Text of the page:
Published by Berkley on February 18, 2020
The secrets lurking in a rundown roadside motel ensnare a young woman, just as they did her aunt thirty-five years before, in this new atmospheric suspense novel from the national bestselling and award-winning author of The Broken Girls.
Upstate NY, 1982. Every small town like Fell, New York, has a place like the Sun Down Motel. Some customers are from out of town, passing through on their way to someplace better. Some are locals, trying to hide their secrets. Viv Delaney works as the night clerk to pay for her move to New York City. But something isn't right at the Sun Down, and before long she's determined to uncover all of the secrets hidden…
I read and adored Simone James’s The Broken Girls not too long ago, and had immediately snapped up The Sun Down Motel when it was offered as a January 2020 BOTM pick. I sat it on my TBR shelf and waited for the right time, because I knew that James wrote with themes and that one day it would reach its little tendrils out to me and say “OK Patricia, today’s the day.” Turns out that day was in June 2020, six months after its initial release. But that’s OK, because it was here right when I needed it.
How I’d Describe This Book to a Friend
“The night it all ended, Vivian was alone. She felt like crying. She felt like screaming. She felt sick. “I don’t want to go in there. But I will. Because I always do.”
Similarly to The Broken Girls, The Sun Down Motel operates on a dual POV, back-and-forth timeline. We are in the present – well, 2017 anyway – with Carly, whose aunt Vivian went missing one day back in 1982. Nobody knows why, either – one night she went to work her night shift job at this creepy old motel in the middle of nowhere (Fell, New York to be precise which is I believe fictional but serves as a tiny hole in the wall town to lay our scenery down), and she never went home. Nobody even reported her missing for 4 days. Carly’s mother has always been very evasive about her sister’s disappearance, and now with her mother dead there is nothing stopping Carly from finding out the truth about her aunt Viv’s disappearing act – after all, someone clearly killed her.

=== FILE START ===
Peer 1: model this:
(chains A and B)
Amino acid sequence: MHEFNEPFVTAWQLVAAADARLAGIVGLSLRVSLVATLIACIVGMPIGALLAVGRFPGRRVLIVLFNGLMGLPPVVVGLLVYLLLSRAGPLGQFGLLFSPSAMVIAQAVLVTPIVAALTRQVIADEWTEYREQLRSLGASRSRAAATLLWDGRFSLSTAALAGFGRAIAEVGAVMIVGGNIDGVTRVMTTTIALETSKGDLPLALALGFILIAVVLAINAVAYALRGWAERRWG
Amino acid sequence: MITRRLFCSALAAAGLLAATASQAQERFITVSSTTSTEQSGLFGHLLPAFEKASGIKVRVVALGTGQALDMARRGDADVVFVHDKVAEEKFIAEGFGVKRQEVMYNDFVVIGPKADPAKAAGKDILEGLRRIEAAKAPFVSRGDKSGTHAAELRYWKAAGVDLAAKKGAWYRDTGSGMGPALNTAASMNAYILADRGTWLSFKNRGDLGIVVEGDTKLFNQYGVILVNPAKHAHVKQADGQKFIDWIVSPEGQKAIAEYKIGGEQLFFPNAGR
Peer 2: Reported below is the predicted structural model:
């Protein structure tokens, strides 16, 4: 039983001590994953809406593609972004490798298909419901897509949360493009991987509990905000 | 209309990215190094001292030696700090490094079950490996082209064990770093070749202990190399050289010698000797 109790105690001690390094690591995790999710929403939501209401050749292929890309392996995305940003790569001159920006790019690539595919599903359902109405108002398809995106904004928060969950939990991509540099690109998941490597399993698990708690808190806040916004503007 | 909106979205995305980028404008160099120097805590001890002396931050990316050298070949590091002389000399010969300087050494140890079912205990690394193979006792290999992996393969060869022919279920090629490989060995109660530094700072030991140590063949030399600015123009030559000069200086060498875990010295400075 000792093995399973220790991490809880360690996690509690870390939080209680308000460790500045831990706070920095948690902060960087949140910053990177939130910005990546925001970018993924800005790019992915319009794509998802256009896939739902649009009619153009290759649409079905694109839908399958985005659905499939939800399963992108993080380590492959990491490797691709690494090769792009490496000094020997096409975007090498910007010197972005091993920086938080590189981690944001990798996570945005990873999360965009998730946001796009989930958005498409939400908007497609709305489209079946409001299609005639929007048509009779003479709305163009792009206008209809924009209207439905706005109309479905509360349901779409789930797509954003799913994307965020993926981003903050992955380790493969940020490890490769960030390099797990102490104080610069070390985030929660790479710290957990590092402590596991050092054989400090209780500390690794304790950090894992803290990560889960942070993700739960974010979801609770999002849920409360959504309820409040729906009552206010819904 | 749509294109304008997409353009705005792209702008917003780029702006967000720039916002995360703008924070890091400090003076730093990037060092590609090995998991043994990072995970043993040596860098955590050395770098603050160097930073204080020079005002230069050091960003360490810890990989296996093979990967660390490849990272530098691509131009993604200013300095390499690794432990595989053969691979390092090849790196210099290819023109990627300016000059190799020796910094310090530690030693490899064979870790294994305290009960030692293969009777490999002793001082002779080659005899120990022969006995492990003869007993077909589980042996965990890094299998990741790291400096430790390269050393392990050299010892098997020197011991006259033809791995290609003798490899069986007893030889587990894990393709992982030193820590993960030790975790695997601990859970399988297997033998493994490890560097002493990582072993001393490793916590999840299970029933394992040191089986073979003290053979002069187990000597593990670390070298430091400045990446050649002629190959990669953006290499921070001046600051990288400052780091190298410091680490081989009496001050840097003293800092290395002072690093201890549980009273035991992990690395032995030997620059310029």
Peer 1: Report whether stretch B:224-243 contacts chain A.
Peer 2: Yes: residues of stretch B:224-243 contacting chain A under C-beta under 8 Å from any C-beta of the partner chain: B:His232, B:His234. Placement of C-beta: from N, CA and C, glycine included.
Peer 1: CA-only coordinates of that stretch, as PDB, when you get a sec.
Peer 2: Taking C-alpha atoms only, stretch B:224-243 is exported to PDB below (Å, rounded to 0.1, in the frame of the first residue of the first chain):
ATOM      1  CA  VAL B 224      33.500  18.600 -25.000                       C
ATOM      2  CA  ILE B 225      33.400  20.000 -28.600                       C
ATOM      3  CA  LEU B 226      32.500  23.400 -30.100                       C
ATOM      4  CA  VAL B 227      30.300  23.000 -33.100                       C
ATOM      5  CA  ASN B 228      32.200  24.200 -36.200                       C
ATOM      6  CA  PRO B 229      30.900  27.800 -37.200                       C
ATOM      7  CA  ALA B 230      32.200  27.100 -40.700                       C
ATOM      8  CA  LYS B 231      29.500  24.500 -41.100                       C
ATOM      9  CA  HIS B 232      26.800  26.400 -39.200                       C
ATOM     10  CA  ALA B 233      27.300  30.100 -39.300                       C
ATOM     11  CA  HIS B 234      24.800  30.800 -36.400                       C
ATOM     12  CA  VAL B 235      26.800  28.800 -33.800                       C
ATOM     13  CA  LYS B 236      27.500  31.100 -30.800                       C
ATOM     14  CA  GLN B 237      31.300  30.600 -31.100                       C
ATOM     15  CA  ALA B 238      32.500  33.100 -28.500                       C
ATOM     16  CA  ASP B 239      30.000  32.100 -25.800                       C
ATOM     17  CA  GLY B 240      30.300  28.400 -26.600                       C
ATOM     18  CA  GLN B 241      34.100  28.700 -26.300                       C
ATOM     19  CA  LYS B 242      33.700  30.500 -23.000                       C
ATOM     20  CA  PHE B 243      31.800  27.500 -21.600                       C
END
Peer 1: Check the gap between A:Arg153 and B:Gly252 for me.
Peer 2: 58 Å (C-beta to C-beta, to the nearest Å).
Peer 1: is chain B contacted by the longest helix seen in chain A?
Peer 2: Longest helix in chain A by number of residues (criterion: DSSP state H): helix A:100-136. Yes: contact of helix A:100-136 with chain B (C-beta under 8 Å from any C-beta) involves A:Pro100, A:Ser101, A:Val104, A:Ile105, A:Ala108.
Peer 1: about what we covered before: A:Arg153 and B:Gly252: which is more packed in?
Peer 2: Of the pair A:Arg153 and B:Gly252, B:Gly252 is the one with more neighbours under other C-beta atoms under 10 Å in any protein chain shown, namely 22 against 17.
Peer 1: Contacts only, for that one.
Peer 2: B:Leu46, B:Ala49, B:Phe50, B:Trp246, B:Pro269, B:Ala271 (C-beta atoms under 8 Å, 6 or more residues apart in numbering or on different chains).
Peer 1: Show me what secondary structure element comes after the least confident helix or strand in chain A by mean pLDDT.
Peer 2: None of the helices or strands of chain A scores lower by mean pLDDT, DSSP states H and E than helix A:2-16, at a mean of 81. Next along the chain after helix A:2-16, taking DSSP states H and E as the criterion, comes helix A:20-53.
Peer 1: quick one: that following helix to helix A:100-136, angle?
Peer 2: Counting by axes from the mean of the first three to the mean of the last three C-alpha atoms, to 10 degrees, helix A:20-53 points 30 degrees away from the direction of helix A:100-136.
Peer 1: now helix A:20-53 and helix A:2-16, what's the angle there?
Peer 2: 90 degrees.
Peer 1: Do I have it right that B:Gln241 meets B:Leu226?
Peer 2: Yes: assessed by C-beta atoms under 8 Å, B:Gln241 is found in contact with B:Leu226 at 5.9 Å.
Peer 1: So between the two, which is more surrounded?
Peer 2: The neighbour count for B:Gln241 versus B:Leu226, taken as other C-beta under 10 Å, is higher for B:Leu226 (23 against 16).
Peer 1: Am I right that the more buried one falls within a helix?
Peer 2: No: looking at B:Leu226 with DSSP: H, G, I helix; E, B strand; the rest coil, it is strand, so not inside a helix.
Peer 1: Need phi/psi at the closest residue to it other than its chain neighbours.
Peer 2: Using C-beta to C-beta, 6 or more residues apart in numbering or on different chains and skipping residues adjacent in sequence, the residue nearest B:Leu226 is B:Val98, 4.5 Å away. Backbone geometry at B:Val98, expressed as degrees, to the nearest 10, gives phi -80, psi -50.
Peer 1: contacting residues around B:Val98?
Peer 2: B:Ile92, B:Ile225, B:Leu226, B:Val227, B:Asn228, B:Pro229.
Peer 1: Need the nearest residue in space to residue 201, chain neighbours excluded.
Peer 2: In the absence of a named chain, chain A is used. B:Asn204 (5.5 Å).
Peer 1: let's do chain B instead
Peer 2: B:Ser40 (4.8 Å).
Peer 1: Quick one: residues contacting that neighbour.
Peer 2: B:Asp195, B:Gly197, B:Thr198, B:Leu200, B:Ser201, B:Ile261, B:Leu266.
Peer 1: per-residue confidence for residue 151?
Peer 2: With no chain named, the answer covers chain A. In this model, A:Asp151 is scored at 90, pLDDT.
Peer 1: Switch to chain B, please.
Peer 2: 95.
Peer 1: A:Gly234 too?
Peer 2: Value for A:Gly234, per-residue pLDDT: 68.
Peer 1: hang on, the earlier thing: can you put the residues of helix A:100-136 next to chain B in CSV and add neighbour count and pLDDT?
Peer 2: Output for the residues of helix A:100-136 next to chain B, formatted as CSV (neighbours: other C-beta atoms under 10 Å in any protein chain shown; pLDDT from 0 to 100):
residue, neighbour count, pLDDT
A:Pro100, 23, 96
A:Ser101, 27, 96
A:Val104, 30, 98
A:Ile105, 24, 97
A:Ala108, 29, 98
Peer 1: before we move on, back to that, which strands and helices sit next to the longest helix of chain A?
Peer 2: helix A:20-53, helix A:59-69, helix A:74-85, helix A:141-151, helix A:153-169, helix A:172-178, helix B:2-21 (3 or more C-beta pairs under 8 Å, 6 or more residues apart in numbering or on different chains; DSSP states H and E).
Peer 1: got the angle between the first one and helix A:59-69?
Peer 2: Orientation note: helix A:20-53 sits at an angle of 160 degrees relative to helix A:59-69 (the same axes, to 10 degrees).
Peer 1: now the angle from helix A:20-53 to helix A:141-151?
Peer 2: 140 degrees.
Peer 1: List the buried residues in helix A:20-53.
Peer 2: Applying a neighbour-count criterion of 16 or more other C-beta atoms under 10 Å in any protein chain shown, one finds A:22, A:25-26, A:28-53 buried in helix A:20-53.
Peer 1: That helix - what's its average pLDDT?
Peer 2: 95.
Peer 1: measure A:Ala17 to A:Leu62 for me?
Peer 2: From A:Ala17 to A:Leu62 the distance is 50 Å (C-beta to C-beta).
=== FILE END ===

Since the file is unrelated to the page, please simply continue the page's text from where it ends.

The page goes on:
Carly is all of us – she is definitely me. She is 20 years old and wears glasses which she is constantly pushing up the bridge of her nose and sighing over, she’s a huge true crime buff and a big nerd with an even bigger penchant for getting into some bullshit. And she is committed to seeing justice, though she is fairly naive. Carly winds up taking a vacant night clerk position at the Sun Down – a motel that has not changed at all since 1982 when Viv worked there, down to the landline telephones and the manual, metal keys on worn-down key fobs. Working nights there is like a time warp, and she can see exactly what was going on with Viv – and damn, that includes some freakin’ ghosts, you guys.
We also see Viv’s 1982 portrayal, and how much of a mirror she is to Carly. She is also 20, lost and feeling aimless. She stopped in Fell on her way to NYC to make it big and just … never really left, and now she’s working nights at the Sun Down Motel to make ends meet. Nobody really knows Vivian exists, and she likes that just fine – but there are some ghosts at the Sun Down, and they sure notice her. From a little boy trapped in the swimming pool to the guy who walks around smelling like a fresh cigarette, something is up – but the worst of them all is the woman who calls and just breathes into the phone, who Viv sees one day – who locks eyes with her and utters one chilling word: “Run.”